In Their Eyes

I handed a six year old my camera. Perhaps an experiment of art, mostly a desire to see what she’d find. Or perhaps a stupid decision, that might only lead to a pile of dirt covered plastic pieces (don’t worry, my camera is still in one piece!) Set loose on the farm with the instructions of, “Go take some pictures! Of people farming or playing! Or of flowers or plants!” I was actually surprised by the initial reaction to take pictures of me, then of siblings, then of playmates, some other interns. It took a lot of pushing to change her tune, to get her moving around to find new subjects. The camera was passed around to four sets of ten tiny dirty fingernails, caked with earth from dirt piles and garden plots. What would they find?
They found characters. When their own children were taking their pictures, families smiled brighter, acted sillier. They weren’t afraid to make fools of themselves, whether they were 3 or 40, if they knew the kid behind the camera. When I asked to take a few pictures of the kids with their parents, or when I came to stand behind the kids and watch as they took pictures, attitudes changed.
Why? I don’t know. I wish they wouldn’t. I like to think I’m a harmless college kid, just here to have fun alongside them. To learn and to work with them. But, I know that’s not how they see it. I know that’s not the way society has lined us up. For some reason, I’ll never understand, me a 20 year old kid with no life experience, has somehow been placed higher on the totem pole than their years of toil, passion, and risks. Its that stinky privilege thing creeping in again. I wish there was a way, I could get rid of it. That I could immediately be a part of their community, their families. Joking, laughing. I don’t want them to think they have to try and speak English when I’m around. I don’t want them to act serious or cautious. Their laughs and smiles. Their truths and stories. That’s what I’m here for. But, how can I make that known? Maybe it won’t happen as this summer sprints to a close, but when I go off, to see more of the world. How do I break down walls and hierarchies, I never asked to be built up? How do I stop them from being built, in the first place? I don’t know.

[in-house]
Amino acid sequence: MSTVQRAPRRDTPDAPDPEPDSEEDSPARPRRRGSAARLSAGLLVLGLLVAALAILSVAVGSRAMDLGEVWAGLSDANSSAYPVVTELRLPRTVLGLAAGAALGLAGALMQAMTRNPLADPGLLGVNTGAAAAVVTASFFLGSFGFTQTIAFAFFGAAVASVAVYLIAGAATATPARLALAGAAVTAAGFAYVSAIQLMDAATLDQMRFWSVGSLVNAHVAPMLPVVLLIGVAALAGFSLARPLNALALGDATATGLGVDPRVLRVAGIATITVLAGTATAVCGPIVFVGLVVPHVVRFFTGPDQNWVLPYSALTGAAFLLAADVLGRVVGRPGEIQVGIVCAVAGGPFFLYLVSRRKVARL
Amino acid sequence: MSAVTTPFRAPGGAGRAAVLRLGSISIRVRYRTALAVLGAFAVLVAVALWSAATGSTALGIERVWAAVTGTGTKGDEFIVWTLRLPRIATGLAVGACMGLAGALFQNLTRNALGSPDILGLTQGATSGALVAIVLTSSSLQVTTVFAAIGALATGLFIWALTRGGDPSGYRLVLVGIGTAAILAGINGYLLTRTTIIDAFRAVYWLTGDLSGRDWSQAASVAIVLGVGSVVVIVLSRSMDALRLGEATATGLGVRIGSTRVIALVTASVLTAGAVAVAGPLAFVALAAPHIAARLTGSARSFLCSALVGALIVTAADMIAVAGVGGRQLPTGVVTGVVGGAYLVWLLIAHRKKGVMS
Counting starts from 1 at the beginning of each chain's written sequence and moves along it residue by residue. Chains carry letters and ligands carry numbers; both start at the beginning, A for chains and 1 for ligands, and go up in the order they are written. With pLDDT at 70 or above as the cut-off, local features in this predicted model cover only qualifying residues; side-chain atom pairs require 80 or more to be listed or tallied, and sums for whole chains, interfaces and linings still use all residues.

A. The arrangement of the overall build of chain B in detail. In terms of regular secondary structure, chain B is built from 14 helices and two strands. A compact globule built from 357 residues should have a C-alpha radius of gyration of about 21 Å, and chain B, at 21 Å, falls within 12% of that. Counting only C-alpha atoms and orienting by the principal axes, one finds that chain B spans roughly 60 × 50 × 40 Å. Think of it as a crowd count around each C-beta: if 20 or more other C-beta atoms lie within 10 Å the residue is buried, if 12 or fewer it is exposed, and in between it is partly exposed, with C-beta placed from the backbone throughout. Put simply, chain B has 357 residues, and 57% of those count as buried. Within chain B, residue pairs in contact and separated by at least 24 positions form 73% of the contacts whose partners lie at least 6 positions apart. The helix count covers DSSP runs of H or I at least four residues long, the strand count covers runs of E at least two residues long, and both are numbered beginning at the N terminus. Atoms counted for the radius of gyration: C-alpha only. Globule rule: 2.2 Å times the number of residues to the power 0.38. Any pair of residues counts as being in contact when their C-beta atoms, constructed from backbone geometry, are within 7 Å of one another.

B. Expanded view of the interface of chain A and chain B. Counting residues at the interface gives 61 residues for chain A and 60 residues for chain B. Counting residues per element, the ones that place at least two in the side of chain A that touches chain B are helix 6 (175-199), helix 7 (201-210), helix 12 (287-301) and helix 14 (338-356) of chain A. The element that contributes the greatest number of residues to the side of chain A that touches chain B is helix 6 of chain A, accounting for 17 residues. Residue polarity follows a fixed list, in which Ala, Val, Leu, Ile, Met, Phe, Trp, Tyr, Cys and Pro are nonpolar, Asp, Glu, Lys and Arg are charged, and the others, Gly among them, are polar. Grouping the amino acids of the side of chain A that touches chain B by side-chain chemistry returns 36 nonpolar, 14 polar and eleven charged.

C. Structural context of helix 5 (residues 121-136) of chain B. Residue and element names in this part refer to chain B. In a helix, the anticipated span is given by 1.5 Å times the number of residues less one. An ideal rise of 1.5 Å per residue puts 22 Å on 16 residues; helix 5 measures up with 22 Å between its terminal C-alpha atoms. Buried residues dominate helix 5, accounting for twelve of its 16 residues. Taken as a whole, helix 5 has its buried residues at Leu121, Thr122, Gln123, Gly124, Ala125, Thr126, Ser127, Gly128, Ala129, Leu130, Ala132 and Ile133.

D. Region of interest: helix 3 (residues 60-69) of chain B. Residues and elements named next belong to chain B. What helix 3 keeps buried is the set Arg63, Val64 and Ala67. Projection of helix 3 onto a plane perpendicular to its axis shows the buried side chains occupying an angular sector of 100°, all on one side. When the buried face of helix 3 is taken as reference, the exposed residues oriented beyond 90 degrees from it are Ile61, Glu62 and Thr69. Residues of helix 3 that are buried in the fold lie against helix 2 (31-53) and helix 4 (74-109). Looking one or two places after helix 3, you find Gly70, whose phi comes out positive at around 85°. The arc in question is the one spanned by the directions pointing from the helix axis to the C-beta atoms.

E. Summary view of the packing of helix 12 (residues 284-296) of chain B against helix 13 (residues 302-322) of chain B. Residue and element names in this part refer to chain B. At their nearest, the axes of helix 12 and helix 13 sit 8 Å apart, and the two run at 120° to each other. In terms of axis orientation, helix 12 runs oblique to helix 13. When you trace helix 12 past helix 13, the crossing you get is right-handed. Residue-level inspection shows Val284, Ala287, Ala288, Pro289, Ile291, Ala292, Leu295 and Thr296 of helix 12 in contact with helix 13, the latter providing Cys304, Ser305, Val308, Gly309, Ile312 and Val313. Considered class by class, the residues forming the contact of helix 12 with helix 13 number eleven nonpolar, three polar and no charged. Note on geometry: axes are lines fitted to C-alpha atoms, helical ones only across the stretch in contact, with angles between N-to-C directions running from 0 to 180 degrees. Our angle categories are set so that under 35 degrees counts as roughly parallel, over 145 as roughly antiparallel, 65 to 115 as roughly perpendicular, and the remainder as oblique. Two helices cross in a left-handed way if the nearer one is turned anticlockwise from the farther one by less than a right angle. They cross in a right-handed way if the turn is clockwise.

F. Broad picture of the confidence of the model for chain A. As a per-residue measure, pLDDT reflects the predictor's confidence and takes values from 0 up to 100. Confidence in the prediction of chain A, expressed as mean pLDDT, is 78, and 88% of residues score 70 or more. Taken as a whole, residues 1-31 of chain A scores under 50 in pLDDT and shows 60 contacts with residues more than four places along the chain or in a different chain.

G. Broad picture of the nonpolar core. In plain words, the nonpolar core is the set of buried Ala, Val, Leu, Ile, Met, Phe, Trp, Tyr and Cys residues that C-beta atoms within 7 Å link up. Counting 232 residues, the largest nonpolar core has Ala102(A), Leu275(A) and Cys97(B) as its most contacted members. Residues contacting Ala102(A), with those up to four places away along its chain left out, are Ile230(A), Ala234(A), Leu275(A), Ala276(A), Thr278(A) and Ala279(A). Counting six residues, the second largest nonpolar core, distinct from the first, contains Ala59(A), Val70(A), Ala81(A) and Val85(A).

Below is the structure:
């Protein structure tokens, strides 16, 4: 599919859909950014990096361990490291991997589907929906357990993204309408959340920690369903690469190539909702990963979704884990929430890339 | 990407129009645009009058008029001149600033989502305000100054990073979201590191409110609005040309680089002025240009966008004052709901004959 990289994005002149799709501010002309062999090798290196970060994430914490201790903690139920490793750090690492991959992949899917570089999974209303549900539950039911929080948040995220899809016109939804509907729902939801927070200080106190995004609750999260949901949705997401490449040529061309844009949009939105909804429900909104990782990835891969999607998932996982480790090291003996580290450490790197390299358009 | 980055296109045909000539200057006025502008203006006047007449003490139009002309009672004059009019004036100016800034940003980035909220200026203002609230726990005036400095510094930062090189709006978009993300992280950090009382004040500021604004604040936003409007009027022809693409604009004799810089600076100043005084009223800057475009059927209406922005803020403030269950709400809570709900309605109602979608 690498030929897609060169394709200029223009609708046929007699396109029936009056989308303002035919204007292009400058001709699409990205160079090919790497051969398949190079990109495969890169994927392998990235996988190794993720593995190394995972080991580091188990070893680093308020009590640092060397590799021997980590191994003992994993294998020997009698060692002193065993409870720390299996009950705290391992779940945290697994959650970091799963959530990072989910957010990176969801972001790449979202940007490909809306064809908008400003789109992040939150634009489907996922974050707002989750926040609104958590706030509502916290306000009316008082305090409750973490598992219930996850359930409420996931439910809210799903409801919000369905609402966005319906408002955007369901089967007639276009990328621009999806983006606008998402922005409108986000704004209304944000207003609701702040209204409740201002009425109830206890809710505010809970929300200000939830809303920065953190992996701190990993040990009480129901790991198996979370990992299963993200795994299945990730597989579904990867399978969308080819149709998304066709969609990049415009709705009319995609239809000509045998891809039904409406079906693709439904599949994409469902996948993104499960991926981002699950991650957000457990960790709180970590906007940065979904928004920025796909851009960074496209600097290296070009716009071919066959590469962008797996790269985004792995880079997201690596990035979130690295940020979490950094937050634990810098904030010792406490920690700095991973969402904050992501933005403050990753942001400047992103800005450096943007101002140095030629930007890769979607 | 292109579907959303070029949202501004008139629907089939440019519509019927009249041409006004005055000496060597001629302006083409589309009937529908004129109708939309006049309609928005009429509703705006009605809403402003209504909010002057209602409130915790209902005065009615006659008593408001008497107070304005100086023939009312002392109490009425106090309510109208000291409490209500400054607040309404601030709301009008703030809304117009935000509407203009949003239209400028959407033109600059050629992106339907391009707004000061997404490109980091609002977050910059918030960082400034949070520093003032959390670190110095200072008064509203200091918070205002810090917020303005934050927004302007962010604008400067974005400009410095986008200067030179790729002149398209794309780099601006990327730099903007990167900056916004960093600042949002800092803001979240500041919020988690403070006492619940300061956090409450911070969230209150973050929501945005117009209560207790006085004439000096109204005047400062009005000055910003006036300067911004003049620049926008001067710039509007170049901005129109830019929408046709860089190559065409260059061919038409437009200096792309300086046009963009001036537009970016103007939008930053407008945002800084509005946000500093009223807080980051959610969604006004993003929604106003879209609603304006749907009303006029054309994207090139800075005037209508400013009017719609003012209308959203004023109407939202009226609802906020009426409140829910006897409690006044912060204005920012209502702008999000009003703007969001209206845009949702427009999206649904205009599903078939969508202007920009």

But I’ll keep going. And for now, I’ll watch the art being made from a distance. So I don’t hinder any more grins or giggles.
Alyce Norcross ’17
Gettysburg

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